The recent Adobe MAX conference demonstrated that Adobe is making a serious commitment to XR creation tools — in fact, the company has slowly collected a suite of 3D tools via acquisitions that make it a major player in XR. Using Adobe tools, you can create 3D models and sculptures in VR using Medium, create materials and textures using the Substance suite, leverage 3D character models and animations from Mixamo, and create renderings of 3D environments using Dimension.
In addition to these, Adobe moved into the AR space with the iOS-only launch of Aero at last year’s Adobe MAX. This year, the Windows and MacOS versions of Aero came out of private beta, so now every Creative Cloud user can jump into AR creation from their desktop.
Why does desktop authoring for Aero make a difference? In part it’s an ergonomics issue. Authoring a complex AR scene is time consuming, and a mobile device is not necessarily the best tool to use for iterating through design options. On mobile, it can be cumbersome to move files around. If you’re using Photoshop or other local assets for your AR scene, it’s more efficient to just open them in the desktop app, rather than uploading to Creative Cloud or otherwise transferring to mobile.
This file management question might be made easier on mobile users now that there is a mobile version of Photoshop and Illustrator available. And on the other hand, it’s still much more sensible to test an AR experience on the kind of mobile device that might ultimately host it. But for authoring, I still prefer the focused space of a desktop.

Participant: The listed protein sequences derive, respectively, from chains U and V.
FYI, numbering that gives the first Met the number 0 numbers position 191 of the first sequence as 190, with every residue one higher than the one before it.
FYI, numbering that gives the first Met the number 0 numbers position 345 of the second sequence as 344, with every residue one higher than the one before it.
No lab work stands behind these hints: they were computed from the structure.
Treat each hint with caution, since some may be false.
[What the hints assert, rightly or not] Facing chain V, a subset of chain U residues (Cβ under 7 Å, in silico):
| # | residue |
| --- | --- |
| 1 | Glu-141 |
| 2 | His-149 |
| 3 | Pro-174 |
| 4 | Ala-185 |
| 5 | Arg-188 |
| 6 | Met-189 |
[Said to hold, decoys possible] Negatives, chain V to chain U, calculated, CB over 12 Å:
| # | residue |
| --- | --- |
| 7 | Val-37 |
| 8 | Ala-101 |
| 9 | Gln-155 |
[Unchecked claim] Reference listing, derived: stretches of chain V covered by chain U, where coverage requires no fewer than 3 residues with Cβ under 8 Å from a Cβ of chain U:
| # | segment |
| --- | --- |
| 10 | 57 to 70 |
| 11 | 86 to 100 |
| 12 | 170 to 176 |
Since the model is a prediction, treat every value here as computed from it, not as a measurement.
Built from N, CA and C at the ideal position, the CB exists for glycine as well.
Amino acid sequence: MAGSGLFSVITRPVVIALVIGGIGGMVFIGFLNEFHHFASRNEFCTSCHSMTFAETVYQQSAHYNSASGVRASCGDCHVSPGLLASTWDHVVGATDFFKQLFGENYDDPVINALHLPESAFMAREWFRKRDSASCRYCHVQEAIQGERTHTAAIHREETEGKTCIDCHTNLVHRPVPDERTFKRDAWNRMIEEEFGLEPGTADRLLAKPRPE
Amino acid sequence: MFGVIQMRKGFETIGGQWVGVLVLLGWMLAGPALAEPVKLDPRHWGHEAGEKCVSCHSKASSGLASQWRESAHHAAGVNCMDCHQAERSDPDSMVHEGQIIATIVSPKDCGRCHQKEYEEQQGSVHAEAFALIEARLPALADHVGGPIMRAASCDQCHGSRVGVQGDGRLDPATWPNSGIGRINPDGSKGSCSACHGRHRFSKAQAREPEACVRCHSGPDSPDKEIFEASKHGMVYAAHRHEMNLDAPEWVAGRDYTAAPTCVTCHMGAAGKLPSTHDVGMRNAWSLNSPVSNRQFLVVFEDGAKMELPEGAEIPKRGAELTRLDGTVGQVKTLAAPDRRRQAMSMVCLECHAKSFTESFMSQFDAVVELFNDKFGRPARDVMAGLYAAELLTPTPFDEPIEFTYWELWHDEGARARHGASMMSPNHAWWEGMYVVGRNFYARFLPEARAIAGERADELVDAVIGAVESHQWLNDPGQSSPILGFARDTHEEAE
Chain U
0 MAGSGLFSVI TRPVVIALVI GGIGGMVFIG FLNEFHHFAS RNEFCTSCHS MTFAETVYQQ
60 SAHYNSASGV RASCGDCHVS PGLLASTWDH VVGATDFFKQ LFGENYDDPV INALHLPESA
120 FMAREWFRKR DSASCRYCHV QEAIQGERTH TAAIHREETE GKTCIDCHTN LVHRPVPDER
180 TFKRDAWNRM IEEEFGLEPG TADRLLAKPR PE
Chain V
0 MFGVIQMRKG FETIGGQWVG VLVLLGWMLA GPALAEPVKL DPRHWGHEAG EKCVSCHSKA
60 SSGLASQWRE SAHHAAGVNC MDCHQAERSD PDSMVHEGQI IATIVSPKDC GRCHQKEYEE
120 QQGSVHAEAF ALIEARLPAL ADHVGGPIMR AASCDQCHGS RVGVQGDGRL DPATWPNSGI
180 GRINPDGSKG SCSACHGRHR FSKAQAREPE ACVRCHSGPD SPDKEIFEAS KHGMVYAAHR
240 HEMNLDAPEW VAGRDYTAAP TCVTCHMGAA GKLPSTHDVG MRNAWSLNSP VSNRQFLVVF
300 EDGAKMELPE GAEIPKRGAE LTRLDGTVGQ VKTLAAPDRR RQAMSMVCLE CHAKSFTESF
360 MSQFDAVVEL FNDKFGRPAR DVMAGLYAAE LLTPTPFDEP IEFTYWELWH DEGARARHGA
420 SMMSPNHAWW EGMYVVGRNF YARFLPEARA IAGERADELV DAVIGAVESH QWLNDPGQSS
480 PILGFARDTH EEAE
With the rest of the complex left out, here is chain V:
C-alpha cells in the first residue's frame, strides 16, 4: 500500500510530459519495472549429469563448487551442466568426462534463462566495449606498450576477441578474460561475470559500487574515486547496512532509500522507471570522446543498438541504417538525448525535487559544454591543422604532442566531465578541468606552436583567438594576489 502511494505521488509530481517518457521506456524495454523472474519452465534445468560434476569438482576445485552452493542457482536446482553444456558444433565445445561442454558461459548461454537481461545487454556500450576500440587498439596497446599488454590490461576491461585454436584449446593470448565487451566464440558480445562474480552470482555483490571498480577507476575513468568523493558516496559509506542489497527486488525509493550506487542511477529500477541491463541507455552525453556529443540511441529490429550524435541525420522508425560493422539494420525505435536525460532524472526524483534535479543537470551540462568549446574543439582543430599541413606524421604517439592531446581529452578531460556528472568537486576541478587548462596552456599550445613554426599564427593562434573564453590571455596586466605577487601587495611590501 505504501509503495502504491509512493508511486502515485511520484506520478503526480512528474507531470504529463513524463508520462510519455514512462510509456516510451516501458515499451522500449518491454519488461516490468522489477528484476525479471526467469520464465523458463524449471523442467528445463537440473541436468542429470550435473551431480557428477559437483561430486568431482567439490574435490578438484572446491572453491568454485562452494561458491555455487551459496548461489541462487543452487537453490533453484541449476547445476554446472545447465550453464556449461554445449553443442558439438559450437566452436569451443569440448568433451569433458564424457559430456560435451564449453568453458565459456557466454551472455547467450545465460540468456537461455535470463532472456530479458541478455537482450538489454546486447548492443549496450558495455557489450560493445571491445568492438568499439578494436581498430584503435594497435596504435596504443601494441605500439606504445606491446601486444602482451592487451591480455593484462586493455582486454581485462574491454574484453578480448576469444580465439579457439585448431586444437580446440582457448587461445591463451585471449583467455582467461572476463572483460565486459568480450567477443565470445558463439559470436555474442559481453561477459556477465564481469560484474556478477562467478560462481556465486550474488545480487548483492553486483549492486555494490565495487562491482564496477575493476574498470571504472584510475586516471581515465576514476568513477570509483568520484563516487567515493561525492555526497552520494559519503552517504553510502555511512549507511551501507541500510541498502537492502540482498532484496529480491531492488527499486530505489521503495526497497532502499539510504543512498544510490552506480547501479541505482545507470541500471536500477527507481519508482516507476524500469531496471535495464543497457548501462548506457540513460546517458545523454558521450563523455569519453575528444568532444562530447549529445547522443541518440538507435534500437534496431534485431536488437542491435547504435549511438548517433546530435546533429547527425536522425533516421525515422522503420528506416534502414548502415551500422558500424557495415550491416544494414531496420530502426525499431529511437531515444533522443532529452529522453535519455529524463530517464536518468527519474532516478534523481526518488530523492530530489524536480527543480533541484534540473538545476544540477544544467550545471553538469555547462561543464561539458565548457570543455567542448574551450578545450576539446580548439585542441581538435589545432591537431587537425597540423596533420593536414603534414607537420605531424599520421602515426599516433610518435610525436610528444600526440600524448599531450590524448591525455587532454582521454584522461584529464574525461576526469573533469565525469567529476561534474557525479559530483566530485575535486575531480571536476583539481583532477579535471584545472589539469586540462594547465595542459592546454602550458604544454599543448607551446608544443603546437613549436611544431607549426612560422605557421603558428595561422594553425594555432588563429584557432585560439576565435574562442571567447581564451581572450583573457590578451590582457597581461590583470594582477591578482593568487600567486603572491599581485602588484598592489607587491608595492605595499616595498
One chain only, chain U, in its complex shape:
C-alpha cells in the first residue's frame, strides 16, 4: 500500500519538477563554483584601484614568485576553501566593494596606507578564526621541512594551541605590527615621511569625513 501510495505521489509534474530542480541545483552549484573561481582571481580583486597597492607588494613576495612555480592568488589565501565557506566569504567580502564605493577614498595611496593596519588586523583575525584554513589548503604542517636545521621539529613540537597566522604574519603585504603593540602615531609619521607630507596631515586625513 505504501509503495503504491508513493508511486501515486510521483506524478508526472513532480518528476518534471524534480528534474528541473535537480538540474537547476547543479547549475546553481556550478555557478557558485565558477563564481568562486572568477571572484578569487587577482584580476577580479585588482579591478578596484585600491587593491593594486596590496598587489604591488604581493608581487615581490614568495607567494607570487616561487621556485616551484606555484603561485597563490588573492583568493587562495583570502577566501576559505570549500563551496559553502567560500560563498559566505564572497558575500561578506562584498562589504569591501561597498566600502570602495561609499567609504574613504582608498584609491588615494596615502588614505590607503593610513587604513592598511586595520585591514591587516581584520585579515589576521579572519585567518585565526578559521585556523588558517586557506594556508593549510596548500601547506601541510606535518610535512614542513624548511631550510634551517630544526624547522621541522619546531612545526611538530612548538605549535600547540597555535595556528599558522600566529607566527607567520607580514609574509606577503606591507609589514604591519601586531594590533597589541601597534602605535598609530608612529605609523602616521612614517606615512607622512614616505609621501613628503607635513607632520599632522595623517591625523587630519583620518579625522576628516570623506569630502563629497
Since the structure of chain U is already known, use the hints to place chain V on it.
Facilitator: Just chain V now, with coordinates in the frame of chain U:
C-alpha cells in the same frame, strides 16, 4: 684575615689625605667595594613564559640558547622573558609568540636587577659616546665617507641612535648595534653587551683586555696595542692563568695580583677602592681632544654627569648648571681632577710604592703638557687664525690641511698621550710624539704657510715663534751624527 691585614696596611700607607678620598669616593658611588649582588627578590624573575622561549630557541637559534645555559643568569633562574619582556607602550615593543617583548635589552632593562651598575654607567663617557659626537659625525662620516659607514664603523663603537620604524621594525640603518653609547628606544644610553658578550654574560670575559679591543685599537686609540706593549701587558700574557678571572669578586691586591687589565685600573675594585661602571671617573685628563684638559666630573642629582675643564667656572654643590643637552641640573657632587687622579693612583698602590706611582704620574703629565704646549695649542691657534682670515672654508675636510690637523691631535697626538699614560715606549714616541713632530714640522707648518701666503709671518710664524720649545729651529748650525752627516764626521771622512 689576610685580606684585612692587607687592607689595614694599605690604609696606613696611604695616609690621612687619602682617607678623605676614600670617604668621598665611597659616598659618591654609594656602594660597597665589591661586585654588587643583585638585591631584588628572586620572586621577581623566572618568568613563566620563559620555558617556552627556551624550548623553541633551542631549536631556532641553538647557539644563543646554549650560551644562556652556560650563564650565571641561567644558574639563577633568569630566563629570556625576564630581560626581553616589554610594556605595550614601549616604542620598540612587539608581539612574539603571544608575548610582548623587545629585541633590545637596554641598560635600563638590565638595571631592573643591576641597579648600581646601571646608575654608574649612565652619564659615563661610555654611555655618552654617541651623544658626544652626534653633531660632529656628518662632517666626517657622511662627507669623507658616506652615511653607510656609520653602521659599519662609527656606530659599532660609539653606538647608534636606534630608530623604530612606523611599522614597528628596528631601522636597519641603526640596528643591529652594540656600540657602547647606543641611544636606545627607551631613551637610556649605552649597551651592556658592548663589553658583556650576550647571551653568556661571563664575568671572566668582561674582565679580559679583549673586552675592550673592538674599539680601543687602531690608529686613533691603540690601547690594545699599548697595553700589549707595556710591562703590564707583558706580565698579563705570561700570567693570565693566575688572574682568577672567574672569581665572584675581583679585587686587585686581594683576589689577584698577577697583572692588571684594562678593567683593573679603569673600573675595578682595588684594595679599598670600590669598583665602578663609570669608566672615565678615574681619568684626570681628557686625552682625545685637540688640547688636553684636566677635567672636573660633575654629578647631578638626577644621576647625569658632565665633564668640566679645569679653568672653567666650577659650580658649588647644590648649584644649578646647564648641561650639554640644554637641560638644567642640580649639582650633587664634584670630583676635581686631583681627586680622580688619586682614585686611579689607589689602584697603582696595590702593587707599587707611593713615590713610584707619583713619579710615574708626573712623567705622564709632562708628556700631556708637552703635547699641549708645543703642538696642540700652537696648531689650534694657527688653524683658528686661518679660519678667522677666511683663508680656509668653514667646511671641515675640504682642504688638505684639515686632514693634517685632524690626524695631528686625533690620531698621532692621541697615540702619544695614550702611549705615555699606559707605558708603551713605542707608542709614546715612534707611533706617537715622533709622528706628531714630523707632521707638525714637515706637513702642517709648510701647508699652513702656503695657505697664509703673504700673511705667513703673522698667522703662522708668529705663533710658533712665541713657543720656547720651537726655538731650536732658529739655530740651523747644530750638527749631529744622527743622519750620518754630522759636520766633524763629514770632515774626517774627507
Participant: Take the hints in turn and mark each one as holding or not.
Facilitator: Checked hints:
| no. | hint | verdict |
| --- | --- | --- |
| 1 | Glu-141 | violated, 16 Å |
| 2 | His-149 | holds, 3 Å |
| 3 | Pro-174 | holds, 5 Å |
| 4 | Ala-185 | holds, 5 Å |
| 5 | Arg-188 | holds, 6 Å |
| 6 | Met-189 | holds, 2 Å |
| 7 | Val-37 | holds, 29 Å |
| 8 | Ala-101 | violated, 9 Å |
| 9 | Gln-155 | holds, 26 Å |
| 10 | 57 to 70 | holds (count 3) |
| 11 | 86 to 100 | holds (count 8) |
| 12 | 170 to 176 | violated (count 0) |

Functionally, there is no difference between the iOS and PC/Mac version of Aero, so it’s more a matter of preference and workflow that will dictate which works best for you.
Aero Use Case
Another great point about Aero is that it really opens up AR authoring to a slightly different audience than most other AR tools out there. If you want to build a full interactive AR experience for training, or a gaming application, you’ll use a full game engine such as Unity or possibly a WebAR workflow, while if you want to share quick, often funny AR ideas with friends, using Spark Studio or Snap Studio makes a lot of sense.
But if you’re interested in a narrative or artistic application of AR, neither of these varieties of tools is quite right — the game engine approach takes significant skills development in programming or use of a 3D toolset which is outside of the experience of many artists and authors, while the social-media focused tools don’t have the flexibility to create more in-depth works. Aero hits the right balance — supporting more complicated creations while ensuring that the toolset is intuitive and usable by a wider range of creatives.
Creating with Aero
Let’s talk about what the major features of Aero are and how to use them — on any platform.
There are two major aspects of creating an AR scene with Aero. Firstly, you can add assets (2d, 3d, or audio) — either via import or by using the Starter Assets provided by Adobe. If you’re using your own assets, Aero supports import of Photoshop and Illustrator files, standard image files and OBJ, GLB, and glTF files.
The Starter Assets provide a nice set of options to work with while you get to know the platform, and include a range of simple models such as abstract shapes and low-poly nature models to more complex options, including rigged characters with a range of Mixamo animations.
You choose to anchor each asset to a horizontal plane, vertical plane, or image target. Then, you can use a simple set of tools to rotate, scale and move your image or model relative to the anchor.
It’s straightforward to create a simple object placement experience, and some artists have created some very interesting environments by arranging 2D images in creative ways — separating out the layers of a Photoshop or Illustrator document to make them dimensional.